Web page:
The last day of the legislative season in July saw the introduction of a U.S. House bill proposing to prohibit Internet gambling by extending the Wire Wager Act. In a few weeks, Congress will re-convene and the new bill, HR 5020, may be among the first pieces of legislation to be considered. It came onto the scene rather quietly, and many among the interactive gambling industry were too busy celebrating Congress's failure to pass the Goodlatte bill to worry about the new threat. As the recommencing of the session lurks around the corner, sobriety is setting in, and many are beginning to wonder what 5020 is all about.
Let's have a look.
Among the most significant aspects of HR 5020 is its birthplace: the U.S. Department of Justice. The bill was written at the behest of the Clinton administration and introduced by Representatives Conyers and Cannon.
Nevada gaming attorney Tony Cabot believes that 5020 is a better bill than 3125, the shark-toothed prohibition bill that Rep. Bob Goodlatte has so far failed to push through the House. He notes, however, that the bill has "the broadest definition of gambling--much broader than current law."
The most commonly accepted definition of gambling (which can be found in Chap. 3 of Cabot's book, Internet Gambling Report III) is as follows:
Generally, a bet or wager occurs when a person risks something of value on the outcome of an uncertain event; (1) in which the bettor does not exercise any control; or (2) which is determined predominantly [emphasis added] by chance.
HR 5020, however, offers a alternative definition that Cabot finds troubling:
"(9) The term 'bets or wagers' means the staking or risking by any person of something of value upon-
(A) any contest or game basing in whole or in part on chance, including a lottery;
(B) one or more sporting events or contests, or one or more performances of the participants in such events or contests, including any scheme of any type describe in section 3702 of title 28, United States Code; or
(C) a future contingent event not under the person's control or influence"
Cabot points out that almost any kind of contest or game could be considered gambling under HR 5020's definition. Fantasy sports leagues, for example would probably be affected. Additionally, consumers who are automatically entered into a contest by purchasing a product would gambling because the purchase would be considered, under the terms 5020's, a "risk."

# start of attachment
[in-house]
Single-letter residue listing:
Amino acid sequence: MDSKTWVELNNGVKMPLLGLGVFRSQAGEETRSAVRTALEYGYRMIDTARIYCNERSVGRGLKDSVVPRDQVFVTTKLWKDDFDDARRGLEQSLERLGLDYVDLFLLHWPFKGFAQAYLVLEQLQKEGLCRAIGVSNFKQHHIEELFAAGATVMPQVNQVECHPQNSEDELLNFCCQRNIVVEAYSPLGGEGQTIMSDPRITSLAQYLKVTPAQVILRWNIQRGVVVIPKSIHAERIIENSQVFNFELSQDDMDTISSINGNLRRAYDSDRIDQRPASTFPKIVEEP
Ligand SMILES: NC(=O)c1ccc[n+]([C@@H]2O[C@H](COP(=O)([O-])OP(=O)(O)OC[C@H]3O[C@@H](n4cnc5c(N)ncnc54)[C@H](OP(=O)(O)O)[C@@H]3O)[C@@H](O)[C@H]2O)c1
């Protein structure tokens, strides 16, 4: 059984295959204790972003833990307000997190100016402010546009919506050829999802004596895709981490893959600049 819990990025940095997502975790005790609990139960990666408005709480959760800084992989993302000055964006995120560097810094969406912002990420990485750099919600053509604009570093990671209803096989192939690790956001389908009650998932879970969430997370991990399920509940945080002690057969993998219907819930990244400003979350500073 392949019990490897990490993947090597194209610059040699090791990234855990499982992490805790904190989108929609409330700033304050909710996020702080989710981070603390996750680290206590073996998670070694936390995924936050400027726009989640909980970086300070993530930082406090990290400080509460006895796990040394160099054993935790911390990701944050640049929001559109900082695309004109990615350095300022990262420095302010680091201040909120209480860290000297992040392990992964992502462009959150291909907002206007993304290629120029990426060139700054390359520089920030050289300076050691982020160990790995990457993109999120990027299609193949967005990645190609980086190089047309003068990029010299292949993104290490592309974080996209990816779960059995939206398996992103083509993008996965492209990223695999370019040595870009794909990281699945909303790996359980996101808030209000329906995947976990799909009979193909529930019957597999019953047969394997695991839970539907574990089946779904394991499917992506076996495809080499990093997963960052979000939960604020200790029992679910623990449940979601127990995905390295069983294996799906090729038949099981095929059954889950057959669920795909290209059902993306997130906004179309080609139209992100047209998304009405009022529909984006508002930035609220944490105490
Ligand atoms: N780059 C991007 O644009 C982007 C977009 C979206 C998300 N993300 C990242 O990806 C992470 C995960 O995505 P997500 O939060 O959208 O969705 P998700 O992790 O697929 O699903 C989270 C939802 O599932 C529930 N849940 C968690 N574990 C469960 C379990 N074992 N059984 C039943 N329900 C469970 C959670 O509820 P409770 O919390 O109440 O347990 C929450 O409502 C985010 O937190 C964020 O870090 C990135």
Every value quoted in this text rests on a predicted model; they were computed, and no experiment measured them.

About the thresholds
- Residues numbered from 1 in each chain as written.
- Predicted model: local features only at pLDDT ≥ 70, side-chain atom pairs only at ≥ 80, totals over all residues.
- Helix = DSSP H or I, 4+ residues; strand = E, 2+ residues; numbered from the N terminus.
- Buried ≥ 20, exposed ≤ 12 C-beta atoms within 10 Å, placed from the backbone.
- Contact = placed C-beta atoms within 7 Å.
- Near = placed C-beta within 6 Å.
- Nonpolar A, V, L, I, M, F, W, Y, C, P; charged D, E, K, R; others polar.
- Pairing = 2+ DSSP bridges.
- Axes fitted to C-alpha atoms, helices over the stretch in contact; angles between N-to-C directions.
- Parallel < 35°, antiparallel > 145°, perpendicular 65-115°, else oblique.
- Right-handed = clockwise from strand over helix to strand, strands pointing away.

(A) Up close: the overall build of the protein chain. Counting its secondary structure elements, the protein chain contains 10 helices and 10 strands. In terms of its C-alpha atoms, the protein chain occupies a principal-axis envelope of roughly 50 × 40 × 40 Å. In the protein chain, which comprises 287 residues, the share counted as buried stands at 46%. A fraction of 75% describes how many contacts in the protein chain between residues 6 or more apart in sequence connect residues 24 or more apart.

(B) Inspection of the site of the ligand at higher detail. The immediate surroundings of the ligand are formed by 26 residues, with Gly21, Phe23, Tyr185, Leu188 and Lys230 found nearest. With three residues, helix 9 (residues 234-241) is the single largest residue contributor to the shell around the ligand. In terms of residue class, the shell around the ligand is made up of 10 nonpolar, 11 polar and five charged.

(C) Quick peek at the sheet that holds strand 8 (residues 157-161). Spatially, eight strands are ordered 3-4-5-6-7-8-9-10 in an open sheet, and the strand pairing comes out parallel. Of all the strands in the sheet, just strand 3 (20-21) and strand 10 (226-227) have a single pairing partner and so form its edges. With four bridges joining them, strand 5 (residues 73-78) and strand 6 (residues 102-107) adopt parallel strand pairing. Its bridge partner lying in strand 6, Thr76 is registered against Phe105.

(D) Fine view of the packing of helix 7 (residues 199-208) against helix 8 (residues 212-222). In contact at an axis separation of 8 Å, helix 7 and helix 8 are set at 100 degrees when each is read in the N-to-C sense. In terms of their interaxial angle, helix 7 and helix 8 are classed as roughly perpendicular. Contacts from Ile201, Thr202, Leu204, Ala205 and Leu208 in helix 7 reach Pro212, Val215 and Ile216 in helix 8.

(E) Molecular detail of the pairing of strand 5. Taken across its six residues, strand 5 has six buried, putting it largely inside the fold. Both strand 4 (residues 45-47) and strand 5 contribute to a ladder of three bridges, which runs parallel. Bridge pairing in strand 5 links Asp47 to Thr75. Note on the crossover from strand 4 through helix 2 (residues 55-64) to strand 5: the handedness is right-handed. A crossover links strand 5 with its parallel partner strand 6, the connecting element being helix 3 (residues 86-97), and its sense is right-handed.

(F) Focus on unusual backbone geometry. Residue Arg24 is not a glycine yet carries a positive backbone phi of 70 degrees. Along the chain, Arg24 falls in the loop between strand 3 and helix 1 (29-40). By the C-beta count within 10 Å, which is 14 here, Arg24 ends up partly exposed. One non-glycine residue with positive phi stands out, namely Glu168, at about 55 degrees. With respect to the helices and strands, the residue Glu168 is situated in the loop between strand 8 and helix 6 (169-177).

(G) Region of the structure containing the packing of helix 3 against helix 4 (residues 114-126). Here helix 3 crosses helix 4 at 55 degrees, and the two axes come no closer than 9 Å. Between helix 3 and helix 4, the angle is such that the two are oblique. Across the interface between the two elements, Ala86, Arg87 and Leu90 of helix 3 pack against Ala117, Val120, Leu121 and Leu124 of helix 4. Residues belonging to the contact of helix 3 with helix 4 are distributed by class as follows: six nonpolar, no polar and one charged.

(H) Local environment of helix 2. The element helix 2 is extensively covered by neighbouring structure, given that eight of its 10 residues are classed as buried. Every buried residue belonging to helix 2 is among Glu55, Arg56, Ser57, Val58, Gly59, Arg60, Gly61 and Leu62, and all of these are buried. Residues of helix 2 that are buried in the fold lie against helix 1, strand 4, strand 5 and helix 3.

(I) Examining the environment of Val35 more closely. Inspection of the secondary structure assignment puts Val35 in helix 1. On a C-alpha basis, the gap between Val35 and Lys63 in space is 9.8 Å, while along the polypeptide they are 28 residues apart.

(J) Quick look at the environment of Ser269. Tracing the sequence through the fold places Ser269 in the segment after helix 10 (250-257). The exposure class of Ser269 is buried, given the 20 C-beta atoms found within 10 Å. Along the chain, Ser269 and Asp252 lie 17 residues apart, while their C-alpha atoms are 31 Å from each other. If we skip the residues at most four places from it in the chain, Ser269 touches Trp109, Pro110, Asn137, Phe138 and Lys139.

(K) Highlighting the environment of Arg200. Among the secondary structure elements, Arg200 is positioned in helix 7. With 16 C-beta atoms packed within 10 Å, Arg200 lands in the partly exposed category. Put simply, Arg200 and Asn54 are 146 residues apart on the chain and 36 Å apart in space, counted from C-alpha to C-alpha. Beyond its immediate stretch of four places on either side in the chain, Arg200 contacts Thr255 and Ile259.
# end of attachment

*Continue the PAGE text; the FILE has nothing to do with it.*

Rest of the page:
Despite these glaring problems, Cabot feels that the bill 5020 is more effective at prohibiting Internet gambling activity than Goodlatte's bill. "The Leach bill (H.R. 4419 - the Internet Gambling Funding Prohibition) has the greatest potential of any of the bills," he added, to cause real damage.
The American Horse Council, meanwhile, is troubled by conflicting language in 5020 that could affect interstate simulcasting or account wagering. On one hand, it would not affect "the transmission of information assisting in the placing of bets or wagers from a state or foreign country where such bets or wagers are legal into a state or foreign country where such betting or wagering is legal." Another provision, however, prohibits "the transmission in interstate or foreign commerce of bets or wagers, information assisting the placing of bets or wagers, information assisting the placing of bets or wagers, or a communication that entitles the recipient to receive money or credit from bets or wagers." As a result of
the contradictory language in the bill and the bill's Justice Department roots, the AHC suggests that 5020 could pose "very serious threats for the racing industry."
What does Bob Goodlatte, the author of H.R. 3125, the Internet Gambling Prohibition Act, have to say about the new bill? No comment, according to a spokesman, who said Goodlatte had not read the bill yet.
One opponent of Goodlatte's bill, Reverend Lou Sheldon, Chairman of the Traditional Values Coalition, said "We don't need 3125 if we have this other one (HR 5020.)" Sheldon approves of the new bill because it removes the carve-outs and updates the Wire Act. In his opinion, HR 5020 could survive a vote in the House of Representatives this fall, either passing as a standalone bill or as an amendment to 3125.
Congress reconvenes September 6.
Vicky Nolan joined the IGN staff in October 1999. She's best known for inventing fire, the wheel and swiss cheese. She can be reached at email@example.com